In the past, librarians have often viewed antiquarian booksellers somewhat negatively—making money from those precious tomes that belong in rare book collections. In fact, librarians have often deliberately kept deaccessioned materials from these book dealers, so as not to support this once thought dubious business.

Details

The Bottom Line, vol. 5 no. 4
Type: Research Article
ISSN: 0888-045X

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Article

THE enterprise of two London newspapers, the Tribune (for the second time) and the Daily Chronicle, in organizing exhibitions of books affords a convenient excuse for once…

Abstract

THE enterprise of two London newspapers, the Tribune (for the second time) and the Daily Chronicle, in organizing exhibitions of books affords a convenient excuse for once again bringing forward proposals for a more permanent exhibition. On many occasions during the past twenty years the writer has made suggestions for the establishment of a central book bazaar, to which every kind of book‐buyer could resort in order to see and handle the latest literature on every subject. An experiment on wrong lines was made by the Library Bureau about fifteen years ago, but here, as in the exhibitions above mentioned, the arrangement was radically bad. Visiting the Daily Chronicle show in company with other librarians, and taking careful note of the planning, one was struck by the inutility of having the books arranged by publishers and not by subjects. Not one visitor in a hundred cares twopence whether books on electricity, biography, history, travel, or even fairy tales, are issued by Longmans, Heinemann, Macmillan, Dent or any other firm. What everyone wants to see is all the recent and latest books on definite subjects collected together in one place. The arrangements at the Chronicle and Tribune shows are just a jumble of old and new books placed in show‐cases by publishers' names, similar to the abortive exhibition held years ago in Bloomsbury Street. What the book‐buyer wants is not a miscellaneous assemblage of books of all periods, from 1877 to date, arranged in an artistic show‐case and placed in charge of a polite youth who only knows his own books—and not too much about them—but a properly classified and arranged collection of the newest books only, which could be expounded by a few experts versed in literature and bibliography. What is the use of salesmen in an exhibition where books are not sold outright? If these exhibitions were strictly limited to the newest books only, there would be much less need for salesmen to be retained as amateur detectives. Another decided blemish on such an exhibition is the absence of a general catalogue. Imagine any exhibition on business lines in which visitors are expected to cart away a load of catalogues issued separately by the various exhibitors and all on entirely different plans of arrangement! The British publisher in nearly everything he does is one of the most hopeless Conservatives in existence. He will not try anything which has not been done by his grandfather or someone even more remote, so that publishing methods remain crystallized almost on eighteenth century lines. The proposal about to be made is perhaps far too revolutionary for the careful consideration of present‐day publishers, but it is made in the sincere hope that it may one day be realized. It has been made before without any definite details, but its general lines have been discussed among librarians for years past.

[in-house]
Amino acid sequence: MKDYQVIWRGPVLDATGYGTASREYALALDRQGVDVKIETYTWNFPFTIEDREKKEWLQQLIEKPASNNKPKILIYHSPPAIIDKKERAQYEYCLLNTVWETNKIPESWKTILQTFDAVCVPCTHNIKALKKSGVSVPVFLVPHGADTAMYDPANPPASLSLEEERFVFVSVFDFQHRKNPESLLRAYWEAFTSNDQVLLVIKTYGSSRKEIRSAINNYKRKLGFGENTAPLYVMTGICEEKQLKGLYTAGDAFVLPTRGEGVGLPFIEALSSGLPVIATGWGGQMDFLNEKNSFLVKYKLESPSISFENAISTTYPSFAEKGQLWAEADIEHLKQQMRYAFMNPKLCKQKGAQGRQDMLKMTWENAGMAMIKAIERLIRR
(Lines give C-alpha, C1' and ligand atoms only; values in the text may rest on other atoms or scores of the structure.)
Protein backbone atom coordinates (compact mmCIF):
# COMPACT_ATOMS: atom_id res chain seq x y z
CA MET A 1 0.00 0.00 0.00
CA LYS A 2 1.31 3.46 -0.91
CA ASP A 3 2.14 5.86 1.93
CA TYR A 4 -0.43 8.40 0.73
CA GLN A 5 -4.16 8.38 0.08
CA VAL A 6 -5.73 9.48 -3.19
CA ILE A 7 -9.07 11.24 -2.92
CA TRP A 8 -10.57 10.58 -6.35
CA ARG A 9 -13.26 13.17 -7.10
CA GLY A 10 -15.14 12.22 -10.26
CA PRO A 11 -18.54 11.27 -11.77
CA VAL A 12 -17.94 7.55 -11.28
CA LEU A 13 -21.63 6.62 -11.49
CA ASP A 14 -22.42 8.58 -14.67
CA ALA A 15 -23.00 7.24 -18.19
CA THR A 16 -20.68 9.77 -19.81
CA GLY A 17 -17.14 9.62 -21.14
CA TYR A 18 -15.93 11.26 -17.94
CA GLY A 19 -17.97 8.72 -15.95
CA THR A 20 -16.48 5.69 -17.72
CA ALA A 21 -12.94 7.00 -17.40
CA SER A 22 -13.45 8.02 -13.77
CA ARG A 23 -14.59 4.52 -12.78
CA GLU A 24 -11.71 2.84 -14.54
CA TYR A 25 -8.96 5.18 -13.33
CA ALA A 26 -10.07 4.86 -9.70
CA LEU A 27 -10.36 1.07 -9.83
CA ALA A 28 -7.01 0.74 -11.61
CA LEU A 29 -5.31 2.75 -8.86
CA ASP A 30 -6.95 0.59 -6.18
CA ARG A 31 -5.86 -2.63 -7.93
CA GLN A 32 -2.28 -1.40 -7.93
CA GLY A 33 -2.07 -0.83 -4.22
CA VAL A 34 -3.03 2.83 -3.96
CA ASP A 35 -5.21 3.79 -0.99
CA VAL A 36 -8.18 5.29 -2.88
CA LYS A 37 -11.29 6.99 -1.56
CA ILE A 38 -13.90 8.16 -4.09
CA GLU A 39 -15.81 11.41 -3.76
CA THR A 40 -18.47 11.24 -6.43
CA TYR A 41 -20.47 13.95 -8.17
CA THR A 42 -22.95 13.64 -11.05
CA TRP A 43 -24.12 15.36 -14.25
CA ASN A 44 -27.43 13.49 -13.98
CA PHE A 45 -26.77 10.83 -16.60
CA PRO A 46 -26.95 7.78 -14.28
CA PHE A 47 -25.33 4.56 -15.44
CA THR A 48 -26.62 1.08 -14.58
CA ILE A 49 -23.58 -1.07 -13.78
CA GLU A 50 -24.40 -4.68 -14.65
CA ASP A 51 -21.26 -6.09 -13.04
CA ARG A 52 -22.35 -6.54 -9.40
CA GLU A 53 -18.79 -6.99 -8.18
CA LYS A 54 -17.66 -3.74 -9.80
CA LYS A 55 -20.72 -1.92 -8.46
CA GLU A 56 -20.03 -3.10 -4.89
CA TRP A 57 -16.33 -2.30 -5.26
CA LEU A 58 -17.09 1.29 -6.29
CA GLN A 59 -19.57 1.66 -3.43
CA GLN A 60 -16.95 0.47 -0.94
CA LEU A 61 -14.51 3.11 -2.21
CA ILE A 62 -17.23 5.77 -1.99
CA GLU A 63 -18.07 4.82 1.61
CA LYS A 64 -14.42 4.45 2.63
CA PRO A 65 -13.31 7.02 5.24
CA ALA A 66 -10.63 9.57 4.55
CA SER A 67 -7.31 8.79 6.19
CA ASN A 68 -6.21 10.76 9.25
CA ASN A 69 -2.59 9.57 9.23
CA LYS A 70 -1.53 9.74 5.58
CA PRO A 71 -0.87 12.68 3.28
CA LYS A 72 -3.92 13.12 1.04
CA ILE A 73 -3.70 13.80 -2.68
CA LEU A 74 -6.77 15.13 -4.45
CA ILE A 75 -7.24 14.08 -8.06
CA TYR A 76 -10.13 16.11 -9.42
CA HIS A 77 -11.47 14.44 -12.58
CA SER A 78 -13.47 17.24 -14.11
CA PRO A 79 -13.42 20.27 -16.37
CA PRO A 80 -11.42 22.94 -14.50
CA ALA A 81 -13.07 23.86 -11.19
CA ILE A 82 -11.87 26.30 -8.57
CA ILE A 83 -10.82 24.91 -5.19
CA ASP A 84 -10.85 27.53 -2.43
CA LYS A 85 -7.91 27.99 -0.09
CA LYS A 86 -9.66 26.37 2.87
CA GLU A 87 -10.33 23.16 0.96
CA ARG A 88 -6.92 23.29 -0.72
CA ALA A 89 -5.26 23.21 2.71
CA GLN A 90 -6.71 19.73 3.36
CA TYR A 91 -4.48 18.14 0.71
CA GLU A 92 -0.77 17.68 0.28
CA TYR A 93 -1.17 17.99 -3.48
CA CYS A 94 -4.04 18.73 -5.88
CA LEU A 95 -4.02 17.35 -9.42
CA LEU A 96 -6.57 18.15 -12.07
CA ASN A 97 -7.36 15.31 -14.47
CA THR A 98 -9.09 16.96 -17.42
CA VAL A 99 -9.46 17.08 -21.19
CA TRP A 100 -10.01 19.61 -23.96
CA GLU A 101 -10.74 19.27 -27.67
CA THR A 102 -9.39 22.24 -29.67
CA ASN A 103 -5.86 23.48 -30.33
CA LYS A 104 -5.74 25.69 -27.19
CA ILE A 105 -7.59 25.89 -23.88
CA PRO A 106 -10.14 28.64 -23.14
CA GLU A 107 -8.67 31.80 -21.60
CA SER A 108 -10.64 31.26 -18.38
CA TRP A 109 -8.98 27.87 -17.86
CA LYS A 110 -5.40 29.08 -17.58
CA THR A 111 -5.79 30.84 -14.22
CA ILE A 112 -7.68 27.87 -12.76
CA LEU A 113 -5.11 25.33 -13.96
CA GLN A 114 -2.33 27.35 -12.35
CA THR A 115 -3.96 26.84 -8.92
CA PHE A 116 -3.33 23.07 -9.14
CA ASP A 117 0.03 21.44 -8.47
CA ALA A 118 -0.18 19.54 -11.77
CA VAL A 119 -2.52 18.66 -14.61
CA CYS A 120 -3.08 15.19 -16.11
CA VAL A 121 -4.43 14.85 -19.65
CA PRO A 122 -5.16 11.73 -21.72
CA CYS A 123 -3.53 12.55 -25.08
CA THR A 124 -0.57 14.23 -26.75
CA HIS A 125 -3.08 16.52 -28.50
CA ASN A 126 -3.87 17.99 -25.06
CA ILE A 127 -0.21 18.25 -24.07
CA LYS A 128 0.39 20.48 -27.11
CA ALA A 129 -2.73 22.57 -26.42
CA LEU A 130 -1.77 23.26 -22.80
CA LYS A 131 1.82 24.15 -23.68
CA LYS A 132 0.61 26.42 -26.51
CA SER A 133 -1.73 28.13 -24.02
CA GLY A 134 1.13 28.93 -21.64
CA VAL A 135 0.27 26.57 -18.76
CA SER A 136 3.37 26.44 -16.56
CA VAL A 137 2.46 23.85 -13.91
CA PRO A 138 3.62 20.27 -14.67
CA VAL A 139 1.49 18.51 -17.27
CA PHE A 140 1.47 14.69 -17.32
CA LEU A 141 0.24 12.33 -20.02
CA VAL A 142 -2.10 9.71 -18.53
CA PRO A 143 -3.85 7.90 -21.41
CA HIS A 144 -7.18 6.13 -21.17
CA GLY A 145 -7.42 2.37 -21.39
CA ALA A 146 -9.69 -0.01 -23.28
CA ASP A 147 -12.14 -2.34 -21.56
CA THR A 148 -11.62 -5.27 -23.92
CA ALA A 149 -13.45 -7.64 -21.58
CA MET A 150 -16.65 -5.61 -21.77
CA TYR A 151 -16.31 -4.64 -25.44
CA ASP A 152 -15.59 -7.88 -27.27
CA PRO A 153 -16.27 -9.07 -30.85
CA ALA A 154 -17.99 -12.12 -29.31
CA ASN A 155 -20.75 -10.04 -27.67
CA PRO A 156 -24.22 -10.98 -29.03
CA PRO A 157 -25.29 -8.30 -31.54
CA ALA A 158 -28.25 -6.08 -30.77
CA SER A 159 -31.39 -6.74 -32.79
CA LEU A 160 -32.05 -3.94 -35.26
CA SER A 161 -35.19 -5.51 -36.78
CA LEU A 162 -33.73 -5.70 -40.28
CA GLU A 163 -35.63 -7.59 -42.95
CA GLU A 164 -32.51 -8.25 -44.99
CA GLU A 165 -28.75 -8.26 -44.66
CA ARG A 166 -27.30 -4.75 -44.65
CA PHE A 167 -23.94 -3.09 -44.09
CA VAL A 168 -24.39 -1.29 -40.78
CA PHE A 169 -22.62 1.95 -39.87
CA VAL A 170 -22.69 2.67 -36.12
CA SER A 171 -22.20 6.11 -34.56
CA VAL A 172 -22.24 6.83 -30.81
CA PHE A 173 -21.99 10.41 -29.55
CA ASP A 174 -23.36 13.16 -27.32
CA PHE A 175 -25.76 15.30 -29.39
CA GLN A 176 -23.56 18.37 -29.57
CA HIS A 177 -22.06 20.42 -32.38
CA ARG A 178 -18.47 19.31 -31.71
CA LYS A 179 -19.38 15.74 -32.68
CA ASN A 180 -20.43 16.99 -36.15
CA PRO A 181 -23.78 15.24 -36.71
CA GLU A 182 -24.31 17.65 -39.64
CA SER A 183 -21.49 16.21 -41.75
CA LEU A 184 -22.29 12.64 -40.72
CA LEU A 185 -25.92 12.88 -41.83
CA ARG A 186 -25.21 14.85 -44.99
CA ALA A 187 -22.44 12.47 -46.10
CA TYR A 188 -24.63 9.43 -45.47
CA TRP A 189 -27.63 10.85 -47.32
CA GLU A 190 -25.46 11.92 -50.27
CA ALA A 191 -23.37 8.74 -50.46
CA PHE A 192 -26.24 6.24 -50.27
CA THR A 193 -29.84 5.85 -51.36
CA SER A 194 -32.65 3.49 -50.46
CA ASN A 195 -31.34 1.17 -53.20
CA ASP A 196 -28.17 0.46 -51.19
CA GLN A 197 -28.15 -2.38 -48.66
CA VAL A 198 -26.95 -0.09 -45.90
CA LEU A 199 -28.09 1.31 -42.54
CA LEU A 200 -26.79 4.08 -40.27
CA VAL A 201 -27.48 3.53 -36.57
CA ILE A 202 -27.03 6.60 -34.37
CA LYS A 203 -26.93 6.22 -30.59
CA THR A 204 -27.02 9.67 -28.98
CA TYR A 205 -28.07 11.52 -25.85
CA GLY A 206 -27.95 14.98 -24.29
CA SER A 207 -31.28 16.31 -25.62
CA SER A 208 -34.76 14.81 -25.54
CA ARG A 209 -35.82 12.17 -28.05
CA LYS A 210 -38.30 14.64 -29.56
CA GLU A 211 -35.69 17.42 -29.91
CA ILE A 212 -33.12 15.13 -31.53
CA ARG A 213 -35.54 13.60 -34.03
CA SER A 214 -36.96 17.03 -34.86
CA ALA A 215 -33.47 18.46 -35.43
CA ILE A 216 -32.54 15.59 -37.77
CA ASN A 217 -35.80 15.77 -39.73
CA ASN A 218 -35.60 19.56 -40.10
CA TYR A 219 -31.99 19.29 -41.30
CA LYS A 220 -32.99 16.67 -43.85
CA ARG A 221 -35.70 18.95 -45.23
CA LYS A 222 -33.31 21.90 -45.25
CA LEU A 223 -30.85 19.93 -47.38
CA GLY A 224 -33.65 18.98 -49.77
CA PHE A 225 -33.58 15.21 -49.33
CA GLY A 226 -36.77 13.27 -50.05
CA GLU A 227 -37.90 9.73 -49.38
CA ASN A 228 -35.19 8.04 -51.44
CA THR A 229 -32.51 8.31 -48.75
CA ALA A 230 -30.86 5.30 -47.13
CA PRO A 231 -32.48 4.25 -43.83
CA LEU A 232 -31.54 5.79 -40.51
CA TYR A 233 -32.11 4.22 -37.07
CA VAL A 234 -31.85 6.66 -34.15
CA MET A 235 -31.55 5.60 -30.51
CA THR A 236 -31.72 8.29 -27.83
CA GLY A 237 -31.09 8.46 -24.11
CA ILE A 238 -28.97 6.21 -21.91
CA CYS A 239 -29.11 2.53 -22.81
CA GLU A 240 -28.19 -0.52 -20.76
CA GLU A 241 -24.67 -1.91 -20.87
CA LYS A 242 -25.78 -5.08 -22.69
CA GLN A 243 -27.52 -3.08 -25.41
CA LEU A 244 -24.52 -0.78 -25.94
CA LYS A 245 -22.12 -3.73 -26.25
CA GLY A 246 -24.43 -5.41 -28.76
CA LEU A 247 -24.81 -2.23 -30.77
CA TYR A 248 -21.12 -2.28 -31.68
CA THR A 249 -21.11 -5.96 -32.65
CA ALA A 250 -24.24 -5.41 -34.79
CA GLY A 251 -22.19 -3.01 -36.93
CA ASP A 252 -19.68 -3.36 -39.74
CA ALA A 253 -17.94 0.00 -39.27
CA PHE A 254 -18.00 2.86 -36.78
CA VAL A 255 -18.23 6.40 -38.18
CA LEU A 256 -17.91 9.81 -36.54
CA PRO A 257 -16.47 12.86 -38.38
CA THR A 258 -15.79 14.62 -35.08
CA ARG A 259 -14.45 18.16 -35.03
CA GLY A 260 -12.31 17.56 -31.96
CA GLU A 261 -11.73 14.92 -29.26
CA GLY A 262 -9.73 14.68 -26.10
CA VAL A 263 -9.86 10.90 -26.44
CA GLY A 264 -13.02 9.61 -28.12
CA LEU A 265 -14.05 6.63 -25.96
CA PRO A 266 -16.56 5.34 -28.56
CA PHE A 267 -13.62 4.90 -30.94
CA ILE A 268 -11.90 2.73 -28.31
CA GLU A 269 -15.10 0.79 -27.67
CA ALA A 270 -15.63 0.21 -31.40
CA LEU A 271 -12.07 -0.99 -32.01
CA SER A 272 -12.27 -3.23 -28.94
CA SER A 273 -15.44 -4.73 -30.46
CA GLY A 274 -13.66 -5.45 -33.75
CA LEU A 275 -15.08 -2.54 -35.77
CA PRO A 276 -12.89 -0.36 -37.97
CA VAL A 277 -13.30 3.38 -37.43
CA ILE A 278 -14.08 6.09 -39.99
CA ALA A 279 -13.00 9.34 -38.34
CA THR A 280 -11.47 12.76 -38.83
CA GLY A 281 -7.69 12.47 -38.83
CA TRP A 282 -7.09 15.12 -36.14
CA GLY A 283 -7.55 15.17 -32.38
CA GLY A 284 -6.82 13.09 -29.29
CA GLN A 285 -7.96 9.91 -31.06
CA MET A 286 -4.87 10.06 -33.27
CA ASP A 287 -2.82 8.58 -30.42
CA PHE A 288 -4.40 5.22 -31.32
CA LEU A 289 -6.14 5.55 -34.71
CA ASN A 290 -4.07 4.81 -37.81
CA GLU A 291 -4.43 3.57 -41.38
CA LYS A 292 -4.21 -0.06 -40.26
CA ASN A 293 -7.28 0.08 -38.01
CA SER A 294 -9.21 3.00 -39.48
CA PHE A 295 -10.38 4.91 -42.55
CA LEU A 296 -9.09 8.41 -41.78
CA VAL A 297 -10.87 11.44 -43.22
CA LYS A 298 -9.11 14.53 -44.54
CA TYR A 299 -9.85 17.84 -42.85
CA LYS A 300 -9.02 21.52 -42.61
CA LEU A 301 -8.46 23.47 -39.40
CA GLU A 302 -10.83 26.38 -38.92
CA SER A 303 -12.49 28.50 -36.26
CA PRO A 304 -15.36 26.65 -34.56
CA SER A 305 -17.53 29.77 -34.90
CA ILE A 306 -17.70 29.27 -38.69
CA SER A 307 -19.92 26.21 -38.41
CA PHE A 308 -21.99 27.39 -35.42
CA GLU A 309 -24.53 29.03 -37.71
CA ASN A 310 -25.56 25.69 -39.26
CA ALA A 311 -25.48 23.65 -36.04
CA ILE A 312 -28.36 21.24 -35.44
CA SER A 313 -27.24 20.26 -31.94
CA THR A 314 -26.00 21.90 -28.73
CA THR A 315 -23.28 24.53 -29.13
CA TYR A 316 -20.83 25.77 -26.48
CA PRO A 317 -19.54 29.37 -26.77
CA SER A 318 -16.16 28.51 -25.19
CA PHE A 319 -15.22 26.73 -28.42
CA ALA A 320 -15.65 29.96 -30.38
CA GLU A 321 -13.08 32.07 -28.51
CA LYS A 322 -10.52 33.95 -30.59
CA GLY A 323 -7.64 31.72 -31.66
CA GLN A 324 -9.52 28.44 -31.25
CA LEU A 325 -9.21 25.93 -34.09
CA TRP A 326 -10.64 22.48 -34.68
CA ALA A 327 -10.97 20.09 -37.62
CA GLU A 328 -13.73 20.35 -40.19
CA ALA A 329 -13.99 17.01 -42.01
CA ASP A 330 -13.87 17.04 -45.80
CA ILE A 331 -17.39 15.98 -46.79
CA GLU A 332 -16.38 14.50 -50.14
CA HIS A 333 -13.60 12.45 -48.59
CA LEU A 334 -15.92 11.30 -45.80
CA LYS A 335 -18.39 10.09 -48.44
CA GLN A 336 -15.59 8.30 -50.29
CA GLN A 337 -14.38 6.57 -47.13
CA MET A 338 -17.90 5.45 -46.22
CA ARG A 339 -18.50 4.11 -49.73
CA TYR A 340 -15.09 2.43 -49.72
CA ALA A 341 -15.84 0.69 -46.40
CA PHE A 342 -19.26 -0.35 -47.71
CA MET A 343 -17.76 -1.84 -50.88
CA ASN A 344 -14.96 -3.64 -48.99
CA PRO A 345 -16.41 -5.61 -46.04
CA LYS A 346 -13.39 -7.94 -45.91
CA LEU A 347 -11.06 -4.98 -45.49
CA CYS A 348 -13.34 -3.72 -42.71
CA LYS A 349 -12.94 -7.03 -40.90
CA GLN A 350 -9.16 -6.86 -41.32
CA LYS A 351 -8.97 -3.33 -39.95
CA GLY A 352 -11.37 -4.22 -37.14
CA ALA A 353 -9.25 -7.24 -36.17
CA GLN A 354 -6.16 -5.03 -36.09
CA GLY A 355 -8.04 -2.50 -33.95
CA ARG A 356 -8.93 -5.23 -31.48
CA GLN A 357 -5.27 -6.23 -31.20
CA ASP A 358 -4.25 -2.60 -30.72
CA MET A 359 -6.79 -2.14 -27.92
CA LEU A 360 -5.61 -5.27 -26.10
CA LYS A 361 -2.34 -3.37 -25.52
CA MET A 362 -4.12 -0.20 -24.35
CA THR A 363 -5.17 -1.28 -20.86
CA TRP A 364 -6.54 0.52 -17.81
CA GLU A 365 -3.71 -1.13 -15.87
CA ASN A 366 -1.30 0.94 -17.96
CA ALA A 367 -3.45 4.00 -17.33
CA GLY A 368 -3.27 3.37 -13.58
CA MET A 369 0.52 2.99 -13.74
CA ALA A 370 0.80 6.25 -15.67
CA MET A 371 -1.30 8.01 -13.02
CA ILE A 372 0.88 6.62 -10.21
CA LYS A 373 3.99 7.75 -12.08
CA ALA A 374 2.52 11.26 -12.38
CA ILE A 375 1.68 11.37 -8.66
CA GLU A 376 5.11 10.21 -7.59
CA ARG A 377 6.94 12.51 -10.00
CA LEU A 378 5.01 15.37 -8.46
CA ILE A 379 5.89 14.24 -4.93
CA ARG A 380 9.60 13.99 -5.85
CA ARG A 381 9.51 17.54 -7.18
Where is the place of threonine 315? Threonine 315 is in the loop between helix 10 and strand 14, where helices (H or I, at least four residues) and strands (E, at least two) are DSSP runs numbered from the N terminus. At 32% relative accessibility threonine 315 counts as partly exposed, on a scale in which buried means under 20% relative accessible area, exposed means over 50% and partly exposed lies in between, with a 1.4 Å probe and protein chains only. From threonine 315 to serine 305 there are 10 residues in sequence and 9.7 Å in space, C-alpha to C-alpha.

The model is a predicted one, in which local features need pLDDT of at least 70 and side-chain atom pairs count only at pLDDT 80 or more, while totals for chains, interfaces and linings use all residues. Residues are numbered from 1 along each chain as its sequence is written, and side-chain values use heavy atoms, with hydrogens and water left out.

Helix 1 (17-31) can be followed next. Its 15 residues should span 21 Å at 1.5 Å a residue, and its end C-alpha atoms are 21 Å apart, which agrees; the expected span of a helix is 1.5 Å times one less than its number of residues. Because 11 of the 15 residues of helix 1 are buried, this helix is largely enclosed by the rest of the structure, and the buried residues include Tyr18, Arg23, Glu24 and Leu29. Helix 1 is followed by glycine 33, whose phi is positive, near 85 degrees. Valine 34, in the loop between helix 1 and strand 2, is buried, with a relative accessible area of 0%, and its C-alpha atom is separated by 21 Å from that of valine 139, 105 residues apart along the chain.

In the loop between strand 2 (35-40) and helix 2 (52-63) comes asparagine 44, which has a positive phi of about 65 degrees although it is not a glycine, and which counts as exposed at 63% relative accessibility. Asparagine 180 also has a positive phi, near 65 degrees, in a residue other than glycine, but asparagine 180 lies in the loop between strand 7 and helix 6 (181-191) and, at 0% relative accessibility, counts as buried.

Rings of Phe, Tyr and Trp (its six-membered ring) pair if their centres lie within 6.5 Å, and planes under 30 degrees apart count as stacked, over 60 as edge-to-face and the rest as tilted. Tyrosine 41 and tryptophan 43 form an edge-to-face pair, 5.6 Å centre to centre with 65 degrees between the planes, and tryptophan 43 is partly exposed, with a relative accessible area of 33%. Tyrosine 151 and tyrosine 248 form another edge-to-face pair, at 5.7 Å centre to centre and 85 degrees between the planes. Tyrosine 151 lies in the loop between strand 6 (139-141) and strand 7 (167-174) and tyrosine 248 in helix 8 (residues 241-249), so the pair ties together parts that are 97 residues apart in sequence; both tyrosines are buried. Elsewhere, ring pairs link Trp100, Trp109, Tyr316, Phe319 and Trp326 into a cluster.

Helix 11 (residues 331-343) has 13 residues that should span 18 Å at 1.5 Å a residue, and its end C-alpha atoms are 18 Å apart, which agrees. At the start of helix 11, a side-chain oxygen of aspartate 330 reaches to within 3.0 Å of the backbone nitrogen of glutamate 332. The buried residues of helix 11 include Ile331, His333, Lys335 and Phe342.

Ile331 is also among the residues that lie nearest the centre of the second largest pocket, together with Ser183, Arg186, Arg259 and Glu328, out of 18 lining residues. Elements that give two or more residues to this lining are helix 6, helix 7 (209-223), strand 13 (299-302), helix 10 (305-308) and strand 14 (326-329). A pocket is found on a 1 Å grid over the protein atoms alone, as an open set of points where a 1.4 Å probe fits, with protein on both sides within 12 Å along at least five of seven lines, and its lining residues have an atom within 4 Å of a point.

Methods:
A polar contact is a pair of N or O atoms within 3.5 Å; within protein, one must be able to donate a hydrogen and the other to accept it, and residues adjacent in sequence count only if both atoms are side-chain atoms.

Details

New Library World, vol. 10 no. 6
Type: Research Article
ISSN: 0307-4803